In this series of interviews, we feature local fermentation enthusiasts and makers to celebrate the growing diverse community of folks doing fermentation here in the Philippines. This series is not sponsored.
This chat with kombucha brewer TVN Kitchen is much needed. My first introduction to kombucha wasn’t the most pleasant experience. And I didn’t even get to taste it. Somebody gave me kombucha in a swing-top glass bottle and told me it was still fermenting. Unfortunately, at the time, I wasn’t much of a fermentation enthusiast and didn’t have dreams of being a kombucha brewer in the Philippines, so I wasn’t paying attention to the instructions.
Either the bottle was shaken before I opened it or I failed to burp it, that when I opened it, kombucha burst from the bottle all the way up to the ceiling. Soda spray drenched my small kitchen. Thankfully the bottle did not break and no humans were hurt.
Years later, I’ve grown fond of this fermented drink. It’s tart, subtly sweet, and fizzy, perfect for anyone who has sworn off soft drinks. It has also grown in popularity, from artisanal makers to international coffee chains and restaurants. TVN Kitchen is one of the brewers we love at Starter Sisters because of their creativity and the causes they promote.
TVN Kitchen of The Vegan Neighbors Philippines is a small kitchen that started during the pandemic. It prepares small batches of fermented drinks and specialty veganized Filipino dishes. The small profit that they make from cooking and fermenting supports their outreach to different urban and rural communities.
How did you start making kombucha?
We started making it in 2021 when our family had COVID-19. A friend sent us a bottle of kombucha and kefir. We loved the kombucha and started researching, and that’s when we got in touch with friends from Pulot Gata to ask for a starter kit and a guide to brewing our first bottle. We got addicted to it. The process was also exciting and we loved the challenge of experimenting on flavors. We also did tepache, a fermented pineapple peel drink, though we just make it occasionally.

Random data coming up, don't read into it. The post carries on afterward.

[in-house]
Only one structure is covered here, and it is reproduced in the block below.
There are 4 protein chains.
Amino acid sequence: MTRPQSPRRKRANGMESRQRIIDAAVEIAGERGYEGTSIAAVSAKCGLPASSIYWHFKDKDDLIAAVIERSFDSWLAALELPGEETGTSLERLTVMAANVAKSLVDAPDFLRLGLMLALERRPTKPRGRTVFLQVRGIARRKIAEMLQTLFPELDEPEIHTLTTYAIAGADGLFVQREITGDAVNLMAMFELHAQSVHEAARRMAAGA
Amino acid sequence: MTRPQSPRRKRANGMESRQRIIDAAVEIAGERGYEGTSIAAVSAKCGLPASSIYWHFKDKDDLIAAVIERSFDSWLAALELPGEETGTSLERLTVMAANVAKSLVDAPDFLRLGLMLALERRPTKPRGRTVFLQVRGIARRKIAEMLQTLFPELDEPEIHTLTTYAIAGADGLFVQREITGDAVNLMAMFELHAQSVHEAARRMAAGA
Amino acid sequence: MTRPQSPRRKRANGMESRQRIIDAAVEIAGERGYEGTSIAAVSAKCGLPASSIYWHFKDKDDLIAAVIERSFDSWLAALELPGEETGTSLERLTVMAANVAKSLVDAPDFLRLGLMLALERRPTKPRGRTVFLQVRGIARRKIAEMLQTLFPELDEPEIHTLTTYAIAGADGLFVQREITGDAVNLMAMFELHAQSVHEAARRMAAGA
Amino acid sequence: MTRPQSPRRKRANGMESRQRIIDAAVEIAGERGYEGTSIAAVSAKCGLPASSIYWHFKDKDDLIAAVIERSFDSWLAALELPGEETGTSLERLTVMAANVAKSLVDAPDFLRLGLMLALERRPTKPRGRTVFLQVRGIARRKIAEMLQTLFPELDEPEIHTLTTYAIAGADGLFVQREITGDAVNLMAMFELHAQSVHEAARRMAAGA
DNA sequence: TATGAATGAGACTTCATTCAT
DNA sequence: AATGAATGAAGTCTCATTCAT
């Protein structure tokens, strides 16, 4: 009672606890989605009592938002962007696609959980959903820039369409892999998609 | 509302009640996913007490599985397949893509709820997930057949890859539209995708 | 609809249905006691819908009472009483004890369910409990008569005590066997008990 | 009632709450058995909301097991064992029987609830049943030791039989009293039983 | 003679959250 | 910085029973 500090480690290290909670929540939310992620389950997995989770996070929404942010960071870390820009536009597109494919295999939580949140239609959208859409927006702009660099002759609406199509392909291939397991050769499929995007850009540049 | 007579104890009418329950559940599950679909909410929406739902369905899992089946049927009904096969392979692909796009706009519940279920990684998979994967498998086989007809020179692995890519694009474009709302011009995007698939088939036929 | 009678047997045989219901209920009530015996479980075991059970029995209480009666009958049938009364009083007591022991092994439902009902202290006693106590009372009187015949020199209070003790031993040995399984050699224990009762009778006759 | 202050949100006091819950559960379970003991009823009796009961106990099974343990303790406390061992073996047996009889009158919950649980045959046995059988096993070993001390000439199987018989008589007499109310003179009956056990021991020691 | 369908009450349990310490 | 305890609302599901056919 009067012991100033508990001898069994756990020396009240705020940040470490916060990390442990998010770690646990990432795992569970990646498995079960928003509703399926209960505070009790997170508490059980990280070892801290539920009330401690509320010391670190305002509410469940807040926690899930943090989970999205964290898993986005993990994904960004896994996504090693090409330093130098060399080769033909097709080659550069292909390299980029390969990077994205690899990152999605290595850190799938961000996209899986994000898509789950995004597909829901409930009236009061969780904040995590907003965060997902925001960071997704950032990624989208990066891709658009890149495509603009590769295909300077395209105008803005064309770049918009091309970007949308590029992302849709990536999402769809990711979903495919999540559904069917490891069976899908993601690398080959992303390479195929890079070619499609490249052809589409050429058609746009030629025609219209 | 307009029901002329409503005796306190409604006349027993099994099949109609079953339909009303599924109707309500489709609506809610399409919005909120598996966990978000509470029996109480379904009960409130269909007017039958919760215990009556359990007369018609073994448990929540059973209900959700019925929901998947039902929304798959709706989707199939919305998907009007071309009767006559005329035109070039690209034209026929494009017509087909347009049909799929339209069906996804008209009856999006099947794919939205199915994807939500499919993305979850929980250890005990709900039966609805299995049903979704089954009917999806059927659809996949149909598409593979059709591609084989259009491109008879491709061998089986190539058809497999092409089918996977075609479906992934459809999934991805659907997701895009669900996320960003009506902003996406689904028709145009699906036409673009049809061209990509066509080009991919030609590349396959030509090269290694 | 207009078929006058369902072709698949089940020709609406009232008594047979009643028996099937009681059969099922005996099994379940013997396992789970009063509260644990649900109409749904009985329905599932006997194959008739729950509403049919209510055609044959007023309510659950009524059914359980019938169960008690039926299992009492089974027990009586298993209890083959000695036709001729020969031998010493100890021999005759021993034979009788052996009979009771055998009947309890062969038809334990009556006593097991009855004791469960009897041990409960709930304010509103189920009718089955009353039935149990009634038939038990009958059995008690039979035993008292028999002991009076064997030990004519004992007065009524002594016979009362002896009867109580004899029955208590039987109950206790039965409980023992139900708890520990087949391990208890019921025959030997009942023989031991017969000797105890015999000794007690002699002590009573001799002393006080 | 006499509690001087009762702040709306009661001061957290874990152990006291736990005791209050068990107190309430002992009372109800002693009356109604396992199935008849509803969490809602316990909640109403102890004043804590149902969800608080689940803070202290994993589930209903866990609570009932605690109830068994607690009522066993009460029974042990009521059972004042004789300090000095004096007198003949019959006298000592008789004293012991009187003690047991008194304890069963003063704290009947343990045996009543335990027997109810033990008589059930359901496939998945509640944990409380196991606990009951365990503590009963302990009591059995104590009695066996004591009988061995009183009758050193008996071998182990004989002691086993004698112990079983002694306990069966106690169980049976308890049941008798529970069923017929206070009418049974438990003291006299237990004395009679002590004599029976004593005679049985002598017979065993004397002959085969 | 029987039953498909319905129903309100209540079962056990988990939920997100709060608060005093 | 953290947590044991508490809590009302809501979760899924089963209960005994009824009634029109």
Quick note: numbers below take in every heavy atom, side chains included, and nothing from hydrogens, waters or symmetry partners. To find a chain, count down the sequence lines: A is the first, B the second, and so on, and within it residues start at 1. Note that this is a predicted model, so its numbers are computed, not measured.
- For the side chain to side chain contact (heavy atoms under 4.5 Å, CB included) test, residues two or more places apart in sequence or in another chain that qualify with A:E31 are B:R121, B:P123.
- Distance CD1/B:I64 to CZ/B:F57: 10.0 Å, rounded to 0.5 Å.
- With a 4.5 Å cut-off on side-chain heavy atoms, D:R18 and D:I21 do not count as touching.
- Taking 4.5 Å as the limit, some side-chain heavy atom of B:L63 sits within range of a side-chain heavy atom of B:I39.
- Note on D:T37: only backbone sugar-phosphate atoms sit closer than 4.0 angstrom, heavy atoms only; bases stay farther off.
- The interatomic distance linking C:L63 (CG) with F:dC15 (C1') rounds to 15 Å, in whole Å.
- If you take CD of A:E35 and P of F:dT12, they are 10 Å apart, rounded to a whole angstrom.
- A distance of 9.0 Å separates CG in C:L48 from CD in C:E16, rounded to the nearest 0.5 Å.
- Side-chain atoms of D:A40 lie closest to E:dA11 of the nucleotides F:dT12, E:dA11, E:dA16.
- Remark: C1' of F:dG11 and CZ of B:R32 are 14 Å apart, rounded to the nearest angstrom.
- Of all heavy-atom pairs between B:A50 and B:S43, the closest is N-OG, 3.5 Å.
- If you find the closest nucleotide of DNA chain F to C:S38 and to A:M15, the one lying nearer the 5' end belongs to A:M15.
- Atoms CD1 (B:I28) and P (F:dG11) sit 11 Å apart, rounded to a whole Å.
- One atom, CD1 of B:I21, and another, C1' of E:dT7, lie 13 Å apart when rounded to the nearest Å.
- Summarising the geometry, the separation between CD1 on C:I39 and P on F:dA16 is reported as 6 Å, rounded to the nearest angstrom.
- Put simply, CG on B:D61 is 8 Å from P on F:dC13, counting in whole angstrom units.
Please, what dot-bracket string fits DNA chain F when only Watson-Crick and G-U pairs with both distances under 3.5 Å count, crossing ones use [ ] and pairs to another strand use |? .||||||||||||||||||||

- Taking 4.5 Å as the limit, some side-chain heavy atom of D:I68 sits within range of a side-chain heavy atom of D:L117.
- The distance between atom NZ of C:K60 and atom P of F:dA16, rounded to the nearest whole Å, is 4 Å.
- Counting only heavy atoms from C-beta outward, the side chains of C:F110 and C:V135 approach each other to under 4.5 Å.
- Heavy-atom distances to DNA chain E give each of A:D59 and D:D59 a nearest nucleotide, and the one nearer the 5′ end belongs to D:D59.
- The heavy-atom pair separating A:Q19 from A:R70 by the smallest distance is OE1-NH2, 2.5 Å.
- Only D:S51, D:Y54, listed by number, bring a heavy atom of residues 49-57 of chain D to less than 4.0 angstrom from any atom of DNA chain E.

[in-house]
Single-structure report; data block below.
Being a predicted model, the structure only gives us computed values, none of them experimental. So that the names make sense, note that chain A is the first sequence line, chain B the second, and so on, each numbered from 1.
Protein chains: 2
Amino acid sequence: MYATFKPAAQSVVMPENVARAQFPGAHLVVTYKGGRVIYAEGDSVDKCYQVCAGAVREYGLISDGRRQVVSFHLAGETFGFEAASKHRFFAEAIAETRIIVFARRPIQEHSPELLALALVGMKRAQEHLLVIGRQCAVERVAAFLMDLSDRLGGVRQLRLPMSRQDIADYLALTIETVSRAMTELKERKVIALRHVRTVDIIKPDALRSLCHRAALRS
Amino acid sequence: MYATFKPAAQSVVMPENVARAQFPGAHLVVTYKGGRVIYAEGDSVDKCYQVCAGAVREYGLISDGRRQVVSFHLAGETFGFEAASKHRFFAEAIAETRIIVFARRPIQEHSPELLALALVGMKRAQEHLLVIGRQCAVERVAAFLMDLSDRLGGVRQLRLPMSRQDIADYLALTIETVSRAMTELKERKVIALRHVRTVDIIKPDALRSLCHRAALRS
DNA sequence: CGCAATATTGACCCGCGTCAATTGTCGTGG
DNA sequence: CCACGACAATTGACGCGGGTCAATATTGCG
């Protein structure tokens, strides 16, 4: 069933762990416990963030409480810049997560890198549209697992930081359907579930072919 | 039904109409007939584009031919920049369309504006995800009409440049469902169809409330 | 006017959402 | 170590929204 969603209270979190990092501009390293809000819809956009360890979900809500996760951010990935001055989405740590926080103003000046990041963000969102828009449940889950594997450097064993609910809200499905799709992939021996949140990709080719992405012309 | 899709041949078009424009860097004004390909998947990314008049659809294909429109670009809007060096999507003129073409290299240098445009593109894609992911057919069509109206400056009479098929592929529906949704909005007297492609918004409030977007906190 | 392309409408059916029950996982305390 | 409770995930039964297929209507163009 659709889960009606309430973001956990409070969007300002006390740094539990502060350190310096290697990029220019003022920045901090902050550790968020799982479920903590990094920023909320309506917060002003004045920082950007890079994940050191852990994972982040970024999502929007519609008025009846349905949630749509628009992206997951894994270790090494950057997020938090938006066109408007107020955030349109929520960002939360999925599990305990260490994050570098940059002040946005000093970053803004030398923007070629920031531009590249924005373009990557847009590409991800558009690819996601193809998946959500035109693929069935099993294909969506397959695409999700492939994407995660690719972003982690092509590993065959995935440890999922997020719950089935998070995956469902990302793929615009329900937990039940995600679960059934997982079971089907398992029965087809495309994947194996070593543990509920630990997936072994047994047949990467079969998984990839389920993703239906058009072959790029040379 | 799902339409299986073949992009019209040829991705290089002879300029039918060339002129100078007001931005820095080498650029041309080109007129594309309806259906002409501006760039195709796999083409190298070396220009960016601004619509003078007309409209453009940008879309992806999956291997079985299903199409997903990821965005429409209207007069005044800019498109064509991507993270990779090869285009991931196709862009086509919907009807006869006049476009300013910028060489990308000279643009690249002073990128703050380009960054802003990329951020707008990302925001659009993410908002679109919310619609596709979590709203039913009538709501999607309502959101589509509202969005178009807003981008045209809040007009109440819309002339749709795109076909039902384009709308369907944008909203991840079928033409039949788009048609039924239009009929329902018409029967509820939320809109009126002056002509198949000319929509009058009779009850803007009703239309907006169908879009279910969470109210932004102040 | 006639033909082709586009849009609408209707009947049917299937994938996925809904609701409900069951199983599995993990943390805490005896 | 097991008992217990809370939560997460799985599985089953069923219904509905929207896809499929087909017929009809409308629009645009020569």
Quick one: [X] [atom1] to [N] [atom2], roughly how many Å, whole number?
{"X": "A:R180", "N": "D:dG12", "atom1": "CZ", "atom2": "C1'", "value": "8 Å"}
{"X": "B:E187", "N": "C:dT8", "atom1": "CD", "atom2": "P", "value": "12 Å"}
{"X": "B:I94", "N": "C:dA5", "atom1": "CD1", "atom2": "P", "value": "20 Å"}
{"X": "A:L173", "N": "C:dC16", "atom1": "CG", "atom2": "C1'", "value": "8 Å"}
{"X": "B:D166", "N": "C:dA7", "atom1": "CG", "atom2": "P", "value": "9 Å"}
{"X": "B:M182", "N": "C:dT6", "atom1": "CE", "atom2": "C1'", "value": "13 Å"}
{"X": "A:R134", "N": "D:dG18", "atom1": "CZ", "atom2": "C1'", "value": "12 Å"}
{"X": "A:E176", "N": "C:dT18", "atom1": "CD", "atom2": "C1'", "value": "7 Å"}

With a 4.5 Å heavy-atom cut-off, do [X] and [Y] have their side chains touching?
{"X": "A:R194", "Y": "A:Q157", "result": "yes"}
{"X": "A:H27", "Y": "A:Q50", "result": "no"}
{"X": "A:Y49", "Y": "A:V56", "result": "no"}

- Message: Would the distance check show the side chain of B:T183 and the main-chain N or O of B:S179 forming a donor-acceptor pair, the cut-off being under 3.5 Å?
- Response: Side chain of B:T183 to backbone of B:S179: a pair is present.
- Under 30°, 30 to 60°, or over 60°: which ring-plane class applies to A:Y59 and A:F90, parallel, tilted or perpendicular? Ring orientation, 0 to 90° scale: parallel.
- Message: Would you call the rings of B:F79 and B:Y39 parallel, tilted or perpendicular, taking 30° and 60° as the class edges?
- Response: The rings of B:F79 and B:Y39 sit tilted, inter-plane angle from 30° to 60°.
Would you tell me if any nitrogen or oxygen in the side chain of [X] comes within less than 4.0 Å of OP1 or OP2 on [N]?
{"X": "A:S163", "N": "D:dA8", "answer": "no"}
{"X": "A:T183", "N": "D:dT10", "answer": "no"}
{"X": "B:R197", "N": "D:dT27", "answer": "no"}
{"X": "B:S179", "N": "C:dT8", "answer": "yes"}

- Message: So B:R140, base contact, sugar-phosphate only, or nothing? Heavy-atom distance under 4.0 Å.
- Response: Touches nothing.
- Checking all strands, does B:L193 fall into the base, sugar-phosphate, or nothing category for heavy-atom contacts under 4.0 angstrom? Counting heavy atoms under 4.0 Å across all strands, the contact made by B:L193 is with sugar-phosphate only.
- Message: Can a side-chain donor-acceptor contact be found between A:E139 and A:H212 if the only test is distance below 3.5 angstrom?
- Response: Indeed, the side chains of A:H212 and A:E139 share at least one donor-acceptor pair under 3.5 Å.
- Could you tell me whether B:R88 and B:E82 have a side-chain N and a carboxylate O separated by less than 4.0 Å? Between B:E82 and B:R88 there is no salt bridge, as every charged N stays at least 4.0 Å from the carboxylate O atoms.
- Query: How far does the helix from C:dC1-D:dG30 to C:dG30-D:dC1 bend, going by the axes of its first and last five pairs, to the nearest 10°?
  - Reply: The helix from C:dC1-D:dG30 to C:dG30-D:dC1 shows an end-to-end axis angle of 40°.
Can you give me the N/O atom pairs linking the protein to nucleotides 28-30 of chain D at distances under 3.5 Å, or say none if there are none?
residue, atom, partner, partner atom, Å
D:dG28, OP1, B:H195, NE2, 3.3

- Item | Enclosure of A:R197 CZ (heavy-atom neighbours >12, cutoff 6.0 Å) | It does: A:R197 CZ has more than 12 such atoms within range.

How is kombucha different from kefir? Do you also brew kefir?
Though both promise to have health benefits, there are some differences in terms of production, taste, texture, and nutrient content. For example, kefir’s base can be water or coconut water, while kombucha is sweet tea. Kombucha is low in calories while kefir can be a high-caloric drink. And while kefir can provide protein, fiber and fat, kombucha doesn’t have fat nor does it provide protein or fiber. We don’t brew kefir, not yet. We want to stick to kombucha for now. And tepache. We miss tepache!
What do you enjoy about kombucha fermentation? What do you find challenging?
We love the start of the brewing process, the first day of F1 or first fermentation. At the end of that day, when we look at the ferments in the jars, it just feels so satisfying knowing something can really come out of it! The certainty that there is something to look forward to, is almost therapeutic, especially in this era of uncertainty.
Ironically though, the challenging part is the uncertainty during the flavoring part or the F2 (2nd fermentation)–because we are not very “by the book” and we love experimenting with new flavors–we are always uncertain whether the finished product will be good or not. Though we love to rest on the fact that no two are perfectly alike. As many people may already know, fermentation is affected by different factors inside and outside the jars.